No one seems to have any idea how the Wellington protest will end.
POLITIK understands that the Prime Minister spoke with the Police Commissioner on Friday, but despite that, he remains adamant that he will not use force to move the protesters.
Wellington’s Mayor, Andy Foster, who initially refused to move the parked cars clogging the city’s streets, is now lobbying the Government to negotiate with the protesters.
He has, apparently, been trying to persuade ACT leader David Seymour to act as a go-between.
There is no sign that the Government is willing to talk at all.
About the only hint that the Police may have a strategy to eventually end the protest came in a statement last night.
“In the medium term, we will continue working to free up the networks and infrastructure of the surrounding areas to remove the burden felt by the Wellington public, by bringing the protest back within the parliamentary precinct, and ultimately within the lawful bounds of public protest action, acknowledging this may take some time,” the statement said.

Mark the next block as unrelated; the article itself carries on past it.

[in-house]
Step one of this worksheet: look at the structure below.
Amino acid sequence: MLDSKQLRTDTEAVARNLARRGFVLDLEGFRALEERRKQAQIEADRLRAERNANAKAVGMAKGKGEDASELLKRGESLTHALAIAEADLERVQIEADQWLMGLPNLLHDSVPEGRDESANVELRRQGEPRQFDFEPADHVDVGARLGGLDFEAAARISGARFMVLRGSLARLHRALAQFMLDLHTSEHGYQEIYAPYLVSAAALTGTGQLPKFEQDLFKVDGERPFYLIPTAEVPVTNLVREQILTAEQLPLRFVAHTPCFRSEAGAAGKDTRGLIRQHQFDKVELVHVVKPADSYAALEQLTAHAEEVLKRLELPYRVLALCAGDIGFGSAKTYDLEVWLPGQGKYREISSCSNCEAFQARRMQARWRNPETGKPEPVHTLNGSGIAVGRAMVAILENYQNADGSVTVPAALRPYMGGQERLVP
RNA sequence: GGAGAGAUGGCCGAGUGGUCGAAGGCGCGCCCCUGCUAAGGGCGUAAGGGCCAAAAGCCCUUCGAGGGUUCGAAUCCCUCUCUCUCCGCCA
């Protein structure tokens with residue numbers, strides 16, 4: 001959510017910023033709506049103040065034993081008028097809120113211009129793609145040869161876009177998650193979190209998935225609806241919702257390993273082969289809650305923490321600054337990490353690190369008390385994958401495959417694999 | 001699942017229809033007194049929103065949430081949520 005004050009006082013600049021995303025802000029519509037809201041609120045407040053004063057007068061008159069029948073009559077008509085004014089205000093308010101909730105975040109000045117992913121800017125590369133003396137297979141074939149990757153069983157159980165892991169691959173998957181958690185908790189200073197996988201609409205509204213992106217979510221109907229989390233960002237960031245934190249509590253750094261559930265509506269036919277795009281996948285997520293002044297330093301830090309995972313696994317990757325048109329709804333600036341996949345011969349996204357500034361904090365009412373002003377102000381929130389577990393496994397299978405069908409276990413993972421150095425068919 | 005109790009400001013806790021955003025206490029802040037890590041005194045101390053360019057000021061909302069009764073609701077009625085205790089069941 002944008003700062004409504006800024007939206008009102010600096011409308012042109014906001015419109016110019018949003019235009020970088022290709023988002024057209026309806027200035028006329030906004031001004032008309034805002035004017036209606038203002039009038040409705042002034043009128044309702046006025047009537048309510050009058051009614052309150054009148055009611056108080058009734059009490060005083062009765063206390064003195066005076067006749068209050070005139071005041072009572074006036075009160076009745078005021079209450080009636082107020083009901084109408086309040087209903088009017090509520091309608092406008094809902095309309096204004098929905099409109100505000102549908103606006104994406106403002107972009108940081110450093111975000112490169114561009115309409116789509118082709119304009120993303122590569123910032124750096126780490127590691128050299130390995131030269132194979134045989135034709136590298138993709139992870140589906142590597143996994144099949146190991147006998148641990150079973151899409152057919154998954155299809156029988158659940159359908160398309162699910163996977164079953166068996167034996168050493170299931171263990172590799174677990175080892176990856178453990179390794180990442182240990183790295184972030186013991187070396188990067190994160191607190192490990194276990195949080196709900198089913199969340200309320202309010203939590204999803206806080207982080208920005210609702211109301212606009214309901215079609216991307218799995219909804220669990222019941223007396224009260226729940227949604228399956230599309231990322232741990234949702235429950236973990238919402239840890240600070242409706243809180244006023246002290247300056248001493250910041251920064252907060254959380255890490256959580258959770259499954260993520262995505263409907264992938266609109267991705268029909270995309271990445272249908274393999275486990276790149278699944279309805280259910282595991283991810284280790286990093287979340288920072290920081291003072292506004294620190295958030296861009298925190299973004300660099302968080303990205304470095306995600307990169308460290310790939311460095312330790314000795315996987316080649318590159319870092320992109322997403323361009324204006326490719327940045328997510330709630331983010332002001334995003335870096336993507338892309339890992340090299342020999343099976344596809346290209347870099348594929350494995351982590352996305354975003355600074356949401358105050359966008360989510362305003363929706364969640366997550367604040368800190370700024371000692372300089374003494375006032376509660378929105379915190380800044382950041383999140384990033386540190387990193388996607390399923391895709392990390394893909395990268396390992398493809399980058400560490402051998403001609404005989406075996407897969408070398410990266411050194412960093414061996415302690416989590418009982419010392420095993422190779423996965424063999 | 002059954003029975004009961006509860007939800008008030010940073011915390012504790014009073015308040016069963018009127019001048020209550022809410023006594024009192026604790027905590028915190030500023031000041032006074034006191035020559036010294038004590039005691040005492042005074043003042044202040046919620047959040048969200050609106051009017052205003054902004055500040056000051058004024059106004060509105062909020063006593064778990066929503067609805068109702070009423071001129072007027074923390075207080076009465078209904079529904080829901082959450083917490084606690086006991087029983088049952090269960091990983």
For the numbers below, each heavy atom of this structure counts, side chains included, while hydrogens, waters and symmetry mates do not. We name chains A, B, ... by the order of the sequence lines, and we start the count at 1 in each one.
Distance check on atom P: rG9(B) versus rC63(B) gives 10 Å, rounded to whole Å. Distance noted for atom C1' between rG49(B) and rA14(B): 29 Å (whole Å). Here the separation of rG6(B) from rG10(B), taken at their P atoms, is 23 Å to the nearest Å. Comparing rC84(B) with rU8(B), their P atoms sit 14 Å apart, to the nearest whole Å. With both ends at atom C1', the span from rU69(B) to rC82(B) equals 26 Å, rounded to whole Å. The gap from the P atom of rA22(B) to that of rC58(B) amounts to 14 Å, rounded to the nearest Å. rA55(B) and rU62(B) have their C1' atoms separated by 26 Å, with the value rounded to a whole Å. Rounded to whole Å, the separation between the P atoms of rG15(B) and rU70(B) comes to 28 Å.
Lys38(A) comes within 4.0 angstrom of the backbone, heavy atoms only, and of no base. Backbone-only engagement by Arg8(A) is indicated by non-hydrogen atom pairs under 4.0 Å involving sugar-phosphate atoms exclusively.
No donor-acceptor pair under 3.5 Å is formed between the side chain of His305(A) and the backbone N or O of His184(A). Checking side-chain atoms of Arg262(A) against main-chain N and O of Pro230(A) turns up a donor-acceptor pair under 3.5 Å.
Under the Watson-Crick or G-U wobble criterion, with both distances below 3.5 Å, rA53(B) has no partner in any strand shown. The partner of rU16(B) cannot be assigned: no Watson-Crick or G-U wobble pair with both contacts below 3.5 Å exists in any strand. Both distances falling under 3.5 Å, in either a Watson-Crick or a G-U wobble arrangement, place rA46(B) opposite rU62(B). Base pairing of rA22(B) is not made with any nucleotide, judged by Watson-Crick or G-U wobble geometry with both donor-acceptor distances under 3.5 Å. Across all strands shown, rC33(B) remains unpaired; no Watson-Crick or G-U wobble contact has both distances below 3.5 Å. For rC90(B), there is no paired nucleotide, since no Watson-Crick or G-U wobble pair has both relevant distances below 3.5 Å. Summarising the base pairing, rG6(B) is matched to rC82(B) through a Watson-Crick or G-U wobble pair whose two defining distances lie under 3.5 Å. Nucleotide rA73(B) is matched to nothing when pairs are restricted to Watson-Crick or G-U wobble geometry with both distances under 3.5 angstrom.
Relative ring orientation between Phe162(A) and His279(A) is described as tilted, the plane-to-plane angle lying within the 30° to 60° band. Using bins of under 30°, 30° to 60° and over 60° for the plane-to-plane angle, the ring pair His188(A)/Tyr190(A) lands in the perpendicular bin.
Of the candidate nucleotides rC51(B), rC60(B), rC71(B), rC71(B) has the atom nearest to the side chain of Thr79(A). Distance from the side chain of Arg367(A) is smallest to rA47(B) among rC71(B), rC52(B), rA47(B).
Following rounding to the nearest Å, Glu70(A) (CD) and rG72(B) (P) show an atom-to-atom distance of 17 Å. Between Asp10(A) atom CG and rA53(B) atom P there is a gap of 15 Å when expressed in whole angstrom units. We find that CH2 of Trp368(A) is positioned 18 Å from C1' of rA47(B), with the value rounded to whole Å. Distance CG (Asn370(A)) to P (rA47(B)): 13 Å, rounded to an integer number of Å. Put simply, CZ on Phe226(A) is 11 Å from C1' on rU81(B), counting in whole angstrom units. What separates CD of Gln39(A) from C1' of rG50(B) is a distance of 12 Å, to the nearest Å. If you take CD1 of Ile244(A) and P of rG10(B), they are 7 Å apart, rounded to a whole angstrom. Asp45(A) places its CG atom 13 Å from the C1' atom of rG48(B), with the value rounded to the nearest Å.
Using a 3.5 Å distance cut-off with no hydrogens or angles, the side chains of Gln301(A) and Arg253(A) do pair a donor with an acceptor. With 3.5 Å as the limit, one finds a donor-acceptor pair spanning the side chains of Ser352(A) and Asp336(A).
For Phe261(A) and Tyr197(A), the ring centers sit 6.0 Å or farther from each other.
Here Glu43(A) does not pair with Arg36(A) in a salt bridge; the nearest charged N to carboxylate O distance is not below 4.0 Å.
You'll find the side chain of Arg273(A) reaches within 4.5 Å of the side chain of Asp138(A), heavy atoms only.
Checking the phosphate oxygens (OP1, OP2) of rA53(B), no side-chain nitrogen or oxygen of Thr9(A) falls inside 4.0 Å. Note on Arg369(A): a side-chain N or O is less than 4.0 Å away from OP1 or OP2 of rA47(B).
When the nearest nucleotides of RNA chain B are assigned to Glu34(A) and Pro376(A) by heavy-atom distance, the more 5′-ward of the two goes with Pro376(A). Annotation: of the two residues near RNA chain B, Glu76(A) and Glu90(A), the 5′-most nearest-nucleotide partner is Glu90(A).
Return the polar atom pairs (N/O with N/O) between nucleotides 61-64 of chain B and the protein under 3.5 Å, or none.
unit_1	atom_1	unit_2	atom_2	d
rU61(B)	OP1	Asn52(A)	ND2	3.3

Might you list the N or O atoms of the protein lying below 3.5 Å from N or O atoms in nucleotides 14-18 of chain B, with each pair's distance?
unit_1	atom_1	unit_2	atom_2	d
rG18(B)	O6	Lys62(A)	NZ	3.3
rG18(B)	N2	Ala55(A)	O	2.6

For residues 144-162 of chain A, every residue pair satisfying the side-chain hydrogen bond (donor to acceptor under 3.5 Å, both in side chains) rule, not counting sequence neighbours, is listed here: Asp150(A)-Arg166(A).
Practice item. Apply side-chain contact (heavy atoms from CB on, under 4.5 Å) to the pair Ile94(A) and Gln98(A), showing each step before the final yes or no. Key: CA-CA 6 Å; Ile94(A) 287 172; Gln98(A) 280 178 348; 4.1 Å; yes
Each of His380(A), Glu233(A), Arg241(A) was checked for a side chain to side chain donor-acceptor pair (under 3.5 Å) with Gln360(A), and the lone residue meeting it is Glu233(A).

There are three key phrases; “in the medium term”, “bringing the protest back within the parliamentary precinct”, and “acknowledging this may take some time”.
Keeping the protest within Parliament will mean closing off all access to the grounds. That should have the effect of limiting the provision of food and water to the protesters inside.
As for the protesters themselves, they put out a statement last night praising the Police.
“The Police’s public messaging over the past few days could not be more clear,” they said.
“Other than some inconveniences the protest has caused, Police have confirmed protestors are not doing anything to warrant the use of force.